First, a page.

For the majority of college students, the summer months represent a break. A time to kick back, lay back, hang out, and relax after two semesters of schoolwork. To be sure, some students may be taking a college course or two, either to catch up or to get ahead where credits towards graduation are concerned. But most students are probably working (or looking for work) that will earn them money for tuition, living expenses, or some combination of both. Studying per se is not on the horizon, at least not until late August or early September when the great migration back to campus occurs.

As the lazy, hazy days of summer pass, parents of elementary, middle, and high school students often worry that time off from learning tasks in the summer takes a toll where their children’s skill retention is concerned. Should college students worry about this sort of summer slippage? Should a rising college junior worry about what she might “lose” knowledge-wise from May until the dog days of August? Should the former freshman wonder whether the skills acquired during his first year will fade fast?

Probably not. But I don’t think the summer months should be lost as a time for learning something new. I wouldn’t worry so much about slippage where particular skills are concerned, rather I think college students (and former college students!) should use their down time for doing some things linked to the life of the mind. Here is a modest list of activities aimed at keeping students intellectually sharp where psychology and related topics are concerned.

Read something you routinely avoid reading. If you like to read mysteries, then pick up a piece of nonfiction. If beach reading is your usual fare, then pick up a classic (a friend is soon to lend me Jane Eyre, as I mentioned I’ve never read it). If you don’t like poetry—which probably means, like most of us, you don’t know much about poetry—then give it another chance. Don’t pick a challenging poet; pick an accessible one (Emily Dickinson is arguably both, but she is a pleasure to encounter a first time). If you like movies, then read a play. Death of a Salesman is wonderfully psychological, as is virtually every play by Eugene O’Neill (if you’ve never read Long Day’s Journey into Night, now is the time).

Read a trade book on a psychological topic. There are now numerous books written by academic psychologists for general readers on topics like happiness, behavior change, decisions, economics, and political orientation, among others. An online search or a visit to an actual bookstore (remember those?) will allow you to choose one that interests you. Then you can sit pool, lake, or beachside and think about psychological issues while relaxing—and you will feel virtuous at the same time!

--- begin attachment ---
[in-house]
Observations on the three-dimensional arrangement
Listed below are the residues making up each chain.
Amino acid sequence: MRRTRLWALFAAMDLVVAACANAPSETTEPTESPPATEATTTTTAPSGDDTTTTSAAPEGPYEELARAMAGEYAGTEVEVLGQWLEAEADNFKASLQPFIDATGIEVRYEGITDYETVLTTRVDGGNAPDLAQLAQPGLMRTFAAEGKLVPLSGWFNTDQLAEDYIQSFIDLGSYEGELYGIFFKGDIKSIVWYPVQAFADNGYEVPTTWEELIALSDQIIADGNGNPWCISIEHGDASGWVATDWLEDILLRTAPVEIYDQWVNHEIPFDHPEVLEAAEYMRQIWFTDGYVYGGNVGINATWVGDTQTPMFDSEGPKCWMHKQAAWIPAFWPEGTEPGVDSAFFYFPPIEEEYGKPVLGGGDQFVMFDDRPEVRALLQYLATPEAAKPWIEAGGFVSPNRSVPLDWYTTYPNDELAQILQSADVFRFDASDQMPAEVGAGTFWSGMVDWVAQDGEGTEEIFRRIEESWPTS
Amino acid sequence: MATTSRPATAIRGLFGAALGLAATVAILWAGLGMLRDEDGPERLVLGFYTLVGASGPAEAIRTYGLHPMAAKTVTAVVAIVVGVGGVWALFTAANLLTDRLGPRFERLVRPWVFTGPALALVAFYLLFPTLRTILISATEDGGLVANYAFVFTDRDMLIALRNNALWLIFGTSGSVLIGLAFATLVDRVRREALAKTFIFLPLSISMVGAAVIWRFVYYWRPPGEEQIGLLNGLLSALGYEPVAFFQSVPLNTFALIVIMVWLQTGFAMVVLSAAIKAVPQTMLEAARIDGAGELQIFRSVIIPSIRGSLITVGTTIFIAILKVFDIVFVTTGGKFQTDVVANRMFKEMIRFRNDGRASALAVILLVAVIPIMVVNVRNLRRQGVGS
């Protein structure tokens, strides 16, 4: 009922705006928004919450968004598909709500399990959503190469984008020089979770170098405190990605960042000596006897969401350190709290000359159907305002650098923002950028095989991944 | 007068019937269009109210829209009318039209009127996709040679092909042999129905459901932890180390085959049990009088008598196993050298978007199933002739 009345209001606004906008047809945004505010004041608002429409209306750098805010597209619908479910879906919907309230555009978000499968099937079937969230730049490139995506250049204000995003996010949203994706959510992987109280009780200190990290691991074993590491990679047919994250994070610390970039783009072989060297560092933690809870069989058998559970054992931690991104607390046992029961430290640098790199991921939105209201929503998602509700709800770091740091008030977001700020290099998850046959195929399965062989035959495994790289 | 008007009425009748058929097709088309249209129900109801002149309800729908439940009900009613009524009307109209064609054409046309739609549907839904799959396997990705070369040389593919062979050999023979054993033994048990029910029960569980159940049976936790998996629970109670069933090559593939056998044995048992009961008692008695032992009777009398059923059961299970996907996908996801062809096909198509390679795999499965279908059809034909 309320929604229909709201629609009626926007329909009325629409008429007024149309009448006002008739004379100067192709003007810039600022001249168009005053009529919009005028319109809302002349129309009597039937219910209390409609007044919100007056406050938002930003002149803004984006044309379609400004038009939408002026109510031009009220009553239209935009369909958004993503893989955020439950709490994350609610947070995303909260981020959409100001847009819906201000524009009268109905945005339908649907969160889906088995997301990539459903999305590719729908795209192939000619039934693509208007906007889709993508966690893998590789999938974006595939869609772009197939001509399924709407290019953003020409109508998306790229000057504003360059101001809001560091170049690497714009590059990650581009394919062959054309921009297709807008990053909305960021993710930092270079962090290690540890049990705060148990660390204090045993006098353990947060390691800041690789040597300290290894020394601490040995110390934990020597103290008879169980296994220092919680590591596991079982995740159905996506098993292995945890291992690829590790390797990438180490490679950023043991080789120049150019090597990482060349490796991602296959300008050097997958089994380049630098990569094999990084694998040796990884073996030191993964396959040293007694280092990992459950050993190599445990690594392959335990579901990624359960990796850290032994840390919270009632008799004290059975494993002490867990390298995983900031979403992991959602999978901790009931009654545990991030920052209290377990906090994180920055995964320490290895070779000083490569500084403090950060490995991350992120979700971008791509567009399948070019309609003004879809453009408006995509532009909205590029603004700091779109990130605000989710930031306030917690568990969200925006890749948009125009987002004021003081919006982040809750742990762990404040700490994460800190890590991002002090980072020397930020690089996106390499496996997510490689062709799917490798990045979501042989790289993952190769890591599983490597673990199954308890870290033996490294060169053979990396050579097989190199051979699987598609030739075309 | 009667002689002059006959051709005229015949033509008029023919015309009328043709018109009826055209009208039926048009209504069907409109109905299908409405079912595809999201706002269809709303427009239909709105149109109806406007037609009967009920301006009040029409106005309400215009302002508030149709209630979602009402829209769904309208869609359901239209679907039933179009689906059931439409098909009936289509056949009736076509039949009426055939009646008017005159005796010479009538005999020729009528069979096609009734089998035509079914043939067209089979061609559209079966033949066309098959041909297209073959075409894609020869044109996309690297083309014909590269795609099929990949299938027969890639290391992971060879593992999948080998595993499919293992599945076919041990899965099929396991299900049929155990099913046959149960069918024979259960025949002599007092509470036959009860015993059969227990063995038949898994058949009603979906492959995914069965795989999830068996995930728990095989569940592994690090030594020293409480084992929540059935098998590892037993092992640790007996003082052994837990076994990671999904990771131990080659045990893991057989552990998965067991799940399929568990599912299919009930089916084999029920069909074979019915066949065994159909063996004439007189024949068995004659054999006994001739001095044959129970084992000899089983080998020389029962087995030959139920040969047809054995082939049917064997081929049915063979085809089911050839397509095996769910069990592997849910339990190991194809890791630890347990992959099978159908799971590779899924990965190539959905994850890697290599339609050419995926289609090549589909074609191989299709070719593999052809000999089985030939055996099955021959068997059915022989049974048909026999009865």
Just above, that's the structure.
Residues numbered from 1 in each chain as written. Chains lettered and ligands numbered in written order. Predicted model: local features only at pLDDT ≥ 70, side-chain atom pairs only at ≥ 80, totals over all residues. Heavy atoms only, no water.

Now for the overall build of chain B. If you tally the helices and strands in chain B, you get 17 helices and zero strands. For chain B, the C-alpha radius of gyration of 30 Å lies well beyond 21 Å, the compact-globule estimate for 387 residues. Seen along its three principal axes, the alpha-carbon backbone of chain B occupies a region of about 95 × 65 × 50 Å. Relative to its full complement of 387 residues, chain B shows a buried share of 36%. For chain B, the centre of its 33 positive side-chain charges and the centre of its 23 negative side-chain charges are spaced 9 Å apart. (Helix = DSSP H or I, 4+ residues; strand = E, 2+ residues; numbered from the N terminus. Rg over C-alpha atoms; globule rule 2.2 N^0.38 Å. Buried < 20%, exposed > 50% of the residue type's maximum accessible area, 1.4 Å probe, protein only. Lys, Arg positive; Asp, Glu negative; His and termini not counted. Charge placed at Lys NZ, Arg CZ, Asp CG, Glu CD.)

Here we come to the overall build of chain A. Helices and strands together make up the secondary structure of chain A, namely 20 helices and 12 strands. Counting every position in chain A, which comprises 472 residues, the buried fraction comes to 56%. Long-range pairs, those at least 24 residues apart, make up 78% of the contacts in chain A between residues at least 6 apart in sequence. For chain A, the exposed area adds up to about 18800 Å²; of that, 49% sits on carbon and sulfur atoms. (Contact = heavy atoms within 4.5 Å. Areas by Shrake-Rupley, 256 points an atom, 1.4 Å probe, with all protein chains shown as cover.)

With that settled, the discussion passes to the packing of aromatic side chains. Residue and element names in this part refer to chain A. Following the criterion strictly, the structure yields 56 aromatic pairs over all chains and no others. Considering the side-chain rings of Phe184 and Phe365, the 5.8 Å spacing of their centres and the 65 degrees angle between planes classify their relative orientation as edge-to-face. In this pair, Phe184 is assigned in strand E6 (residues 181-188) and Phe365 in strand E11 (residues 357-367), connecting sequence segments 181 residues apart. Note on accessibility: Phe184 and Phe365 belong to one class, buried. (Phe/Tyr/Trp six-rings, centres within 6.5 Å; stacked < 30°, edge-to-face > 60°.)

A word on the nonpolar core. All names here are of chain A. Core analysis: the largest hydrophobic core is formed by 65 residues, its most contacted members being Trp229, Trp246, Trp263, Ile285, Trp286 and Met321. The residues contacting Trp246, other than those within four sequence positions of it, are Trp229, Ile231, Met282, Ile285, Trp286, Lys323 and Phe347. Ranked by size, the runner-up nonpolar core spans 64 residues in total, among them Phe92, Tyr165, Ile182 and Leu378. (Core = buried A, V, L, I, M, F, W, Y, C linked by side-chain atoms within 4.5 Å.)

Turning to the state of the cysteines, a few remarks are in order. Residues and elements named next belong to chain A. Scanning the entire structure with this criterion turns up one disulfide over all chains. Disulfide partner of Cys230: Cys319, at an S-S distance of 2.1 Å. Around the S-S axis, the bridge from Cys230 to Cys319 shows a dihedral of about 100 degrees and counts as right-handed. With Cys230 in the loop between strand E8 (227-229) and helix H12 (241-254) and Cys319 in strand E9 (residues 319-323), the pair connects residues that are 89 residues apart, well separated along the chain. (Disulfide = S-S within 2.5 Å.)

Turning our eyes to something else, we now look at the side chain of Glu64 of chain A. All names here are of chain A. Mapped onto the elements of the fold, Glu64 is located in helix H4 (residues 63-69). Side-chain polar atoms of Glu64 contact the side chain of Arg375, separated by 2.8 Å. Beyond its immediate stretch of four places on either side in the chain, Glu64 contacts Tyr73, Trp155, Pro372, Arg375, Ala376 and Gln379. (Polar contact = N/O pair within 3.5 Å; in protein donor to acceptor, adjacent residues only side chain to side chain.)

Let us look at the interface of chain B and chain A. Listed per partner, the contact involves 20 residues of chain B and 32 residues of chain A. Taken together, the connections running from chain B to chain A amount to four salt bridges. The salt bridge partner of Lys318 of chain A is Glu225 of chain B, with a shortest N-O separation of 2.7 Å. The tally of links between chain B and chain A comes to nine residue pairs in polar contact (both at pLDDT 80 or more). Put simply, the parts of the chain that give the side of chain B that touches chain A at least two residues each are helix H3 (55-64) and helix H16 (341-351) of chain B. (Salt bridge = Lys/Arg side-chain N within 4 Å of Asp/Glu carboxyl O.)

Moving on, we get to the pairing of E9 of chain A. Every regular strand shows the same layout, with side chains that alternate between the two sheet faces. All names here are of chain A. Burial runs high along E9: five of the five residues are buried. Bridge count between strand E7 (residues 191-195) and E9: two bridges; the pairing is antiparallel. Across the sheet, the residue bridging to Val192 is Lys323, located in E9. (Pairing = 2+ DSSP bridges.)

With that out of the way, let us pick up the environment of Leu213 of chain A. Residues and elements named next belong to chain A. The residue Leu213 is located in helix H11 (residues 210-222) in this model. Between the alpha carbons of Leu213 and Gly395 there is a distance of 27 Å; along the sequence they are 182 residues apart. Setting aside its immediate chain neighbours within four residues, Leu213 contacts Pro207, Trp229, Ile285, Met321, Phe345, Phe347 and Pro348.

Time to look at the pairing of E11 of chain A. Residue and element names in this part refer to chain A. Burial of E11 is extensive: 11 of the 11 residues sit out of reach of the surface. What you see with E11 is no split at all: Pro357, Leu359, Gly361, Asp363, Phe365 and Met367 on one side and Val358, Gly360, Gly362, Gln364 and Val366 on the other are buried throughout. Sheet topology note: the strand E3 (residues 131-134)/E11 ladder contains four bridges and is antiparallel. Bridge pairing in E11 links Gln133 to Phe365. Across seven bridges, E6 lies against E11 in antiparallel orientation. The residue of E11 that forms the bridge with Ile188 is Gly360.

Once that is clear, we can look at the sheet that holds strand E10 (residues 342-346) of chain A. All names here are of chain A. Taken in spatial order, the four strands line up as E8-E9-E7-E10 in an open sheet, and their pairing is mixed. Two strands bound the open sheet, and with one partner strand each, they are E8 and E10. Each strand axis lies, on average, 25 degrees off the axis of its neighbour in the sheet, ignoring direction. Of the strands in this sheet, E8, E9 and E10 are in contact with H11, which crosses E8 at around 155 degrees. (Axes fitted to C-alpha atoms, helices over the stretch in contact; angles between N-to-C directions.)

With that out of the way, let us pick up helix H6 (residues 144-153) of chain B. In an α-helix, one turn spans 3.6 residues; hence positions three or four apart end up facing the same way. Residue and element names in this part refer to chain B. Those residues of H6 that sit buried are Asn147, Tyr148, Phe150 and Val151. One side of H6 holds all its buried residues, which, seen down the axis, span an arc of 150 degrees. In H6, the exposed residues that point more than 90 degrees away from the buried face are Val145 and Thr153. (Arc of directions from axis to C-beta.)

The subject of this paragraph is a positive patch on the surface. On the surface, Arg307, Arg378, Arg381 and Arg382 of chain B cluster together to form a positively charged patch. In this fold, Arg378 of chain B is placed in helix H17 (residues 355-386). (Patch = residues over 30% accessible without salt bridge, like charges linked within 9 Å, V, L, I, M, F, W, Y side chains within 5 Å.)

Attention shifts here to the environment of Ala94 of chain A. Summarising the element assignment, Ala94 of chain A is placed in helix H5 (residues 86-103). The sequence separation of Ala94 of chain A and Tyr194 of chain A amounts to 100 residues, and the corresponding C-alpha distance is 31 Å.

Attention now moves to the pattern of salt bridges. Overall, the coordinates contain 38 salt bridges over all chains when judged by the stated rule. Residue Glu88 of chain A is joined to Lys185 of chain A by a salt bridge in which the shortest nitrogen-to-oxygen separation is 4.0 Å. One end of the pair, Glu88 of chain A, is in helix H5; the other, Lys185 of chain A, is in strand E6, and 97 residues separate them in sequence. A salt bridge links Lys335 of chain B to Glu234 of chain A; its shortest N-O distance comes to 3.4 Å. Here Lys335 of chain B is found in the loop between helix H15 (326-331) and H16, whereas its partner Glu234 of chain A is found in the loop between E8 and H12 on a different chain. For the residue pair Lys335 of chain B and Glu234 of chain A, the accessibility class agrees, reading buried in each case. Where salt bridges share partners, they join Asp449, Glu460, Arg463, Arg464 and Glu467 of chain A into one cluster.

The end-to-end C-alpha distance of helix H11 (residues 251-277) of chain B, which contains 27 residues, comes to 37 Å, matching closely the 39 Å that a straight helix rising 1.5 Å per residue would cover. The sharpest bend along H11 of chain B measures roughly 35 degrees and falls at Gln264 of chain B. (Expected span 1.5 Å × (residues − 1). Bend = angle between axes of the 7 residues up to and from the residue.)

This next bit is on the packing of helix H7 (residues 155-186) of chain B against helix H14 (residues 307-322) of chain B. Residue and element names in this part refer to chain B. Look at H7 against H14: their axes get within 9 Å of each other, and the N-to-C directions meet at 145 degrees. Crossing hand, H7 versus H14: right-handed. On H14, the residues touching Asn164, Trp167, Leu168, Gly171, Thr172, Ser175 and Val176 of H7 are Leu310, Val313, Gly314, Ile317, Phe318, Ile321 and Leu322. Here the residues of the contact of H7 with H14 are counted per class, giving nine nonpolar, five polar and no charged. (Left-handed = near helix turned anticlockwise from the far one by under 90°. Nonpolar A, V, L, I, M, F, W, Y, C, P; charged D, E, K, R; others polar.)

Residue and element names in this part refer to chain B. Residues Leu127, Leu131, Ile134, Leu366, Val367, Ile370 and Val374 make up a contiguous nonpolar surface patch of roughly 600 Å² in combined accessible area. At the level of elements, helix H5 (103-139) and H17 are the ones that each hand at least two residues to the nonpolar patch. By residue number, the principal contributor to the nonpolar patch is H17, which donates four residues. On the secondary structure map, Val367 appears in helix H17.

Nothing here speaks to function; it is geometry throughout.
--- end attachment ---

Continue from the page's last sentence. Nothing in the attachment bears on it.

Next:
Head to a museum. It doesn’t really matter what sort of museum—art or science, for example. Just spend a couple hours walking around and looking at the exhibits. You may discover an artist, an art form, a scientist, or some fact you never heard about before. Take a friend so that you can talk about the experience afterwards.

Go to the movies. Although I am a big fan of seeing at least one blockbuster during the summer, the sort of film that doesn’t make any intellectual demands on you (confession: I loved the first Transformer movie and there is a summer long James Bond film festival in the city where I live), I think you should balance the celluloid equation by going to an art film or a documentary of some sort. If your city or town has an Indie sort of theater, then you may have lots of unfamiliar films to choose from—if not, you may have to look around harder or hit up Netflix. If nothing else, see A Dangerous Method for an intriguing portrayal of Jung and Freud.

Listen to some new music. Outdoor concerts are a terrific way to connect with nature and listen to some great music. You may think you don’t like classical music or jazz, but have you ever given it a chance? You may dismiss rap in favor of rock but, again, have you really listened? Go with a friend, someone who can suggest a great concert, and then take an open mind with you.

Here’s a radical idea: Take a class! No, not necessarily one of those classes—take one that is meant to relax and enrich you at the same time, such as a drawing or painting class, a photography class, or woodworking class, something that is challenging but not overwhelming. A class that will introduce you to some new skill (bird watching, gardening, beer making, wine tasking, cooking) but that does not require the sort of formal, familiar studying associated with the college classroom. Pick something that motivates you to do something once or twice a week.

Summer slippage may not be a real problem for most students, but summer will soon slip away. Don’t let opportunities to broaden your mind slip away, too. Pick one—just one—of the above now and get started. Repeat as needed.

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